As a course assistant, I have found that over the course of the summer, I got to know the students that came to my online hours much better than the ones that didn’t. While this certainly didn’t change or influence anybody’s grade, I like to imagine that the individual time benefitted the students with their assignments. This could be through ideating -- brainstorming by throwing ideas back and forth and hearing a fresh perspective to get the sweet creative juices flowing, restructuring or reformatting essays, or even hearing what is so great about your thoughts and ideas -- and god knows we all need that during a virtual semester!
Have a Study Playlist that Gets You Super Pumped
One of my favorite things about not being in a classroom is that I can have my headphones in (during asynchronous class components, of course) and motivate myself with some classic rock playlists. Whether I’m writing emails or replying to a peer on a discussion thread, I always have some tunes playing in my ears making these tasks, that would normally be mundane, a little more exciting. If you’re looking for some inspiration, here’s my Spotify study playlist that never fails to get me pumped. If there are a few easy little pieces of work I would usually get done in a group study room with my friends around, I find that getting them done to this soundtrack is a pretty good substitute. Plus, I can totally lose it to my air guitar and nobody can look at me funny, and I can scream out lyrics and nobody can tell me, ‘excuse me ma’am, you’re in a public library.’ Hmph.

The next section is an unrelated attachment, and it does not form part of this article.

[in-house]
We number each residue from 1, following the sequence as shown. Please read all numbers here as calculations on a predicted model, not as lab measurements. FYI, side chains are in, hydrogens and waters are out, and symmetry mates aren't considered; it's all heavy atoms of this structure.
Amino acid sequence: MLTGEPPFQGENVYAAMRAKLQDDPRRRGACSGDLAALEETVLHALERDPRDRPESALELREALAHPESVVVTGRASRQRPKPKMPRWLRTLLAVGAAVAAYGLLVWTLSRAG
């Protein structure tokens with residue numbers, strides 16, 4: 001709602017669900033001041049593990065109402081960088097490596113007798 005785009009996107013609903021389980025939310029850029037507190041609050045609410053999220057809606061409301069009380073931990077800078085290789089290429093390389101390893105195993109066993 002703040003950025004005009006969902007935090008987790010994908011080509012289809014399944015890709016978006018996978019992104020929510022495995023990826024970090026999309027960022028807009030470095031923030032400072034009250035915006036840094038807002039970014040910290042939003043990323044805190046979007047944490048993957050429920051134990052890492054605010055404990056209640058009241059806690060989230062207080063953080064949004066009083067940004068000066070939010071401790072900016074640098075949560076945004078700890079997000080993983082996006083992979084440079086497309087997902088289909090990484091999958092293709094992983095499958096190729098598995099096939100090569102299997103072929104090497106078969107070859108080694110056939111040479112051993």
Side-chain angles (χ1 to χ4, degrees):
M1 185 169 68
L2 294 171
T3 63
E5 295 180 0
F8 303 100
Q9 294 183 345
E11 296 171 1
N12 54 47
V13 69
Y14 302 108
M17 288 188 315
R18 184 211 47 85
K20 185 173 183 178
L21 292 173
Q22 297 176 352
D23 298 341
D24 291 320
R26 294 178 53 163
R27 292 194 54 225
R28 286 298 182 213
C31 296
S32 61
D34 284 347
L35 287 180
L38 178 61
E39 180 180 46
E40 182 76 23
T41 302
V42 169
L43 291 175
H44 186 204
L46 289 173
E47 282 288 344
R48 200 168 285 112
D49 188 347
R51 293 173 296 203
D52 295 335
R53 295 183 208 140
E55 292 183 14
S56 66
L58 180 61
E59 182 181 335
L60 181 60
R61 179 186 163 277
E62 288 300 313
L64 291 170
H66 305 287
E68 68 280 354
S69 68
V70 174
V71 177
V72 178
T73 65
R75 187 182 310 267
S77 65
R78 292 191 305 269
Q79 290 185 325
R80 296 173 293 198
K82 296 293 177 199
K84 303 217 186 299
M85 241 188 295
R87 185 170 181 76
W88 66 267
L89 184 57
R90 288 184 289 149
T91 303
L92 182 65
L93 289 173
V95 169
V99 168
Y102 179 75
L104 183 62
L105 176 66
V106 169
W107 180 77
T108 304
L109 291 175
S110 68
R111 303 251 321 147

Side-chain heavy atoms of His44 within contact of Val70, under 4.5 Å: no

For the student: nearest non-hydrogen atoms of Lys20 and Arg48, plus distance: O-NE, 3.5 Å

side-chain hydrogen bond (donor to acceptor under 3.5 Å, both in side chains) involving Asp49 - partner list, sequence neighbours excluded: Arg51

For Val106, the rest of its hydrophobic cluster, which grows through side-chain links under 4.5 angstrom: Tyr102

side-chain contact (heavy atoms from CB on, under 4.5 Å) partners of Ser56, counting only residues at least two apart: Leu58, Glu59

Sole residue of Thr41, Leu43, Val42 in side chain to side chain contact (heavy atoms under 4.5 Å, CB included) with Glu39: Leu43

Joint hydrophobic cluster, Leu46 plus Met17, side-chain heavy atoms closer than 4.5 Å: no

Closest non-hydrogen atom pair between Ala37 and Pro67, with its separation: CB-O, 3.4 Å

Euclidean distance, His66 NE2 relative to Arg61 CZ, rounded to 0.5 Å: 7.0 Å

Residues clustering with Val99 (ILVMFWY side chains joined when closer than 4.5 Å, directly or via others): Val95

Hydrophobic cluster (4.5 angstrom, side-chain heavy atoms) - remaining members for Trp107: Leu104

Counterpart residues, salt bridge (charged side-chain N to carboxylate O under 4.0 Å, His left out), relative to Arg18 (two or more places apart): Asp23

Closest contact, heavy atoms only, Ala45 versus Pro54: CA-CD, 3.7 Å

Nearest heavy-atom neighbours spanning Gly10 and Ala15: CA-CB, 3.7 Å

You are Your Own Boss!
When I discovered I had all the scheduling power in the world, it really changed my outlook on online learning. Because every online class is divided into synchronous and asynchronous components, I realized I could alter my daily timetable to make it as productive as possible for myself. I always work better when I do one subject for a long period of time because it allows me to focus and think deeper and more critically about the same topic. When I only have asynchronous tasks for one class, I restructure my days according to the due dates so I can allow myself more time to focus on one individual part. Here are some other small perks I noticed:
Professor talks too slowly? No problem! You can watch lectures at 2x speed and fit twice the number of lectures in the same amount of time.
You don’t have to worry about traveling from one building to another in the ten minutes you have between classes, because you’re doing them all from your bed that you haven’t left in three consecutive days!